Reviewed by Tori
Favorite Quote: “My mother isn’t crazy. She simply has a harder time than most reconciling her reality with everyone else’s reality.”
Rachel has survived shunning, capture, and an elf curse. She gave her all in Pale Demon and now embraces her demon heritage. Somewhat. A Perfect Blood picks up right after Rachel is brought back from the ever after by Trent and now wears a bracelet made by him to effectively hide her from the demon collective. When she is called to view a murder scene by a master vampire, Rachel realizes that once again she is about to be blamed for crimes she didn’t commit if she doesn’t figure out who is killing these people. And why.
Pale Demon (book 9) was a climatic story that addressed and resolved many long standing issues. I expected A Perfect Blood to continue in that fashion. It didn’t.
Rachel takes a huge step back in here emotionally, mentally, and physically. She is scared and has every right to be. If the demon collective realizes she is alive, they will snatch her back to the ever after in a heartbeat. She is also facing prejudices from humans and fellow supernaturals. As the only “human” demon, everyone wants to know what she can do and Rachel is refusing to say. By wearing Trent’s bracelet, she loses all access to her power. This leaves her virtually unprotected. She knows she has to make a choice but her fear hampers her as much if not more then the bracelet. I found myself becoming bored and annoyed by Rachel’s attitude through out half the book. I wanted the old Rachel back. The impetuous, map cap, impulsive Rachel.
Relationships seem to the main theme of this installment. We see many different examples of them in here and how they relate back to Rachel. This is particularly telling as we all know that Rachel tends to shy away from relationships. Everyone seems to be moving forward while Rachel is stuck and it eats away at her. Once again, her fear hinders her.
The plot and secondary characters is where the book is saved for me. Humans are attempting to fight back against the supernatural community in a fashion that leaves you wondering who exactly the real monsters really are. I found myself mortified and disgusted by the villains in here and riveted as I watched Ms. Harrison slowly and masterly unveil the entire plot. Rachel, Ivy, and Jerks investigate and while they figure out the the who’s and what’s, Rachel’s lack of magic only continues to hinder herself and others. She finds herself having to rely more on her physical skills which leaves her battered continuously through out the book and somewhat oblivious to important clues.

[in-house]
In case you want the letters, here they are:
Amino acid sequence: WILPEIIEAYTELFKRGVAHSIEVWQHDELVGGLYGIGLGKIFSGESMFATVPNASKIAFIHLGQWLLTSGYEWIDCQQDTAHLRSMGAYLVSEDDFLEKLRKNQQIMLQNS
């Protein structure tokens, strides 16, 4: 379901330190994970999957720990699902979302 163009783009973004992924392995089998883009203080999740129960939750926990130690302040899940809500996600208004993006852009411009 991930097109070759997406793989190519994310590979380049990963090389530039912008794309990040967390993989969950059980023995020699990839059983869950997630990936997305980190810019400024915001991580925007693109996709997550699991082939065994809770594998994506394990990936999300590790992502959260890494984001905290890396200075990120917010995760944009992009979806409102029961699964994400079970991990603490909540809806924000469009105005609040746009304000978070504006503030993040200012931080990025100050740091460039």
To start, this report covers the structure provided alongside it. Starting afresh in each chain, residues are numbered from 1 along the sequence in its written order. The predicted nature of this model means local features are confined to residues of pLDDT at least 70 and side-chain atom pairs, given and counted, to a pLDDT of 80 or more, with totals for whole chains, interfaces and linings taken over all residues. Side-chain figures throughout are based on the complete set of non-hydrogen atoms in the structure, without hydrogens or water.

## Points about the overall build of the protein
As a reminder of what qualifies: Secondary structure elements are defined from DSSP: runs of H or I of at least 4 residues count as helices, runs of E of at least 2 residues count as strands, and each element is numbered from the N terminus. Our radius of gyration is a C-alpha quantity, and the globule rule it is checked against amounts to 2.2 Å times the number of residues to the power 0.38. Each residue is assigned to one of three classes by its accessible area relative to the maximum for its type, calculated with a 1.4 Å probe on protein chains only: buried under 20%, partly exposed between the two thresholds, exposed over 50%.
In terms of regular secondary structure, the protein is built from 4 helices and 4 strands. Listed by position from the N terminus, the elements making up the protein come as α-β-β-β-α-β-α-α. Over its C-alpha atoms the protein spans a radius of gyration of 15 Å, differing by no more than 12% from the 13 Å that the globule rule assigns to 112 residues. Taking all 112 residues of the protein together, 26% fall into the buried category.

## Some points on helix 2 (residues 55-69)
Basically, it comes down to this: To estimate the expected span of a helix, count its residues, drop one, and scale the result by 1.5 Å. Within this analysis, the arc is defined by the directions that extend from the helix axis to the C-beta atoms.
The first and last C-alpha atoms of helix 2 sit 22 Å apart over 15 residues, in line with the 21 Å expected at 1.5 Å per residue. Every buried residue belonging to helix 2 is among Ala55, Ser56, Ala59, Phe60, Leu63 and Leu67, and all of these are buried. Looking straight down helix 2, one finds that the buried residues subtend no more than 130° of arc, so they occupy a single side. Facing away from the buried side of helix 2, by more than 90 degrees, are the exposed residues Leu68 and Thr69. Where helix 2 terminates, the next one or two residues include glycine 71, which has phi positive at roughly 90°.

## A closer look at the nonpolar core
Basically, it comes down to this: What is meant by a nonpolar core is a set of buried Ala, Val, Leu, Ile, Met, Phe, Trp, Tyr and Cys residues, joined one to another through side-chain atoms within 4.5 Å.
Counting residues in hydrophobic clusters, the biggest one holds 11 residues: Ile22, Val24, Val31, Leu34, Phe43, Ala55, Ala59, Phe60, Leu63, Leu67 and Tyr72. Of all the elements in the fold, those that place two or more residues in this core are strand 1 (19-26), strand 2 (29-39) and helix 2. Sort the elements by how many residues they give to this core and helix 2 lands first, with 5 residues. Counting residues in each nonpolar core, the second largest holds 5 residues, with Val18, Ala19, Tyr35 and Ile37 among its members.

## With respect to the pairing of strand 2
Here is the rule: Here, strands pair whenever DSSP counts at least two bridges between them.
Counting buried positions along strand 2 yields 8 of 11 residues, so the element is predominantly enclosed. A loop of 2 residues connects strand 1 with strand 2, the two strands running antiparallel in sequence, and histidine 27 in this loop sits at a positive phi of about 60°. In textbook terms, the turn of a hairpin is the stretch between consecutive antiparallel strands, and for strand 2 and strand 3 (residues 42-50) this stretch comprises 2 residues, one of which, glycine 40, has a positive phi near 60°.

Trent plays a much larger role in here and I love that we see a different side to him. His and Rachel’s relationship still remains largely undefined but the wind blows in a particular direction and we will just have to see if our protagonists choose to ride it out. Ivy and Jenks are their wonderful sarcastic selves and we even get some Al time. Al continues to hint at an end game that has me both intrigued and frightened.
I really felt this story was a bridge of sorts. A relaxed “week in the life of Rachel” that really doesn’t address much beyond Rachel’s emotional hang ups. It was slow and meandered along at a steady if uninspiring pace. Towards the end it picks up pace and we see sparks of the old Rachel. The plot wraps up in an explosive exciting manner that went a long way to me not tossing this book aside. I do hope the next installment brings back the old Rachel in full and allows for some growth that was sorely missing in this story.
Overall Rating: C-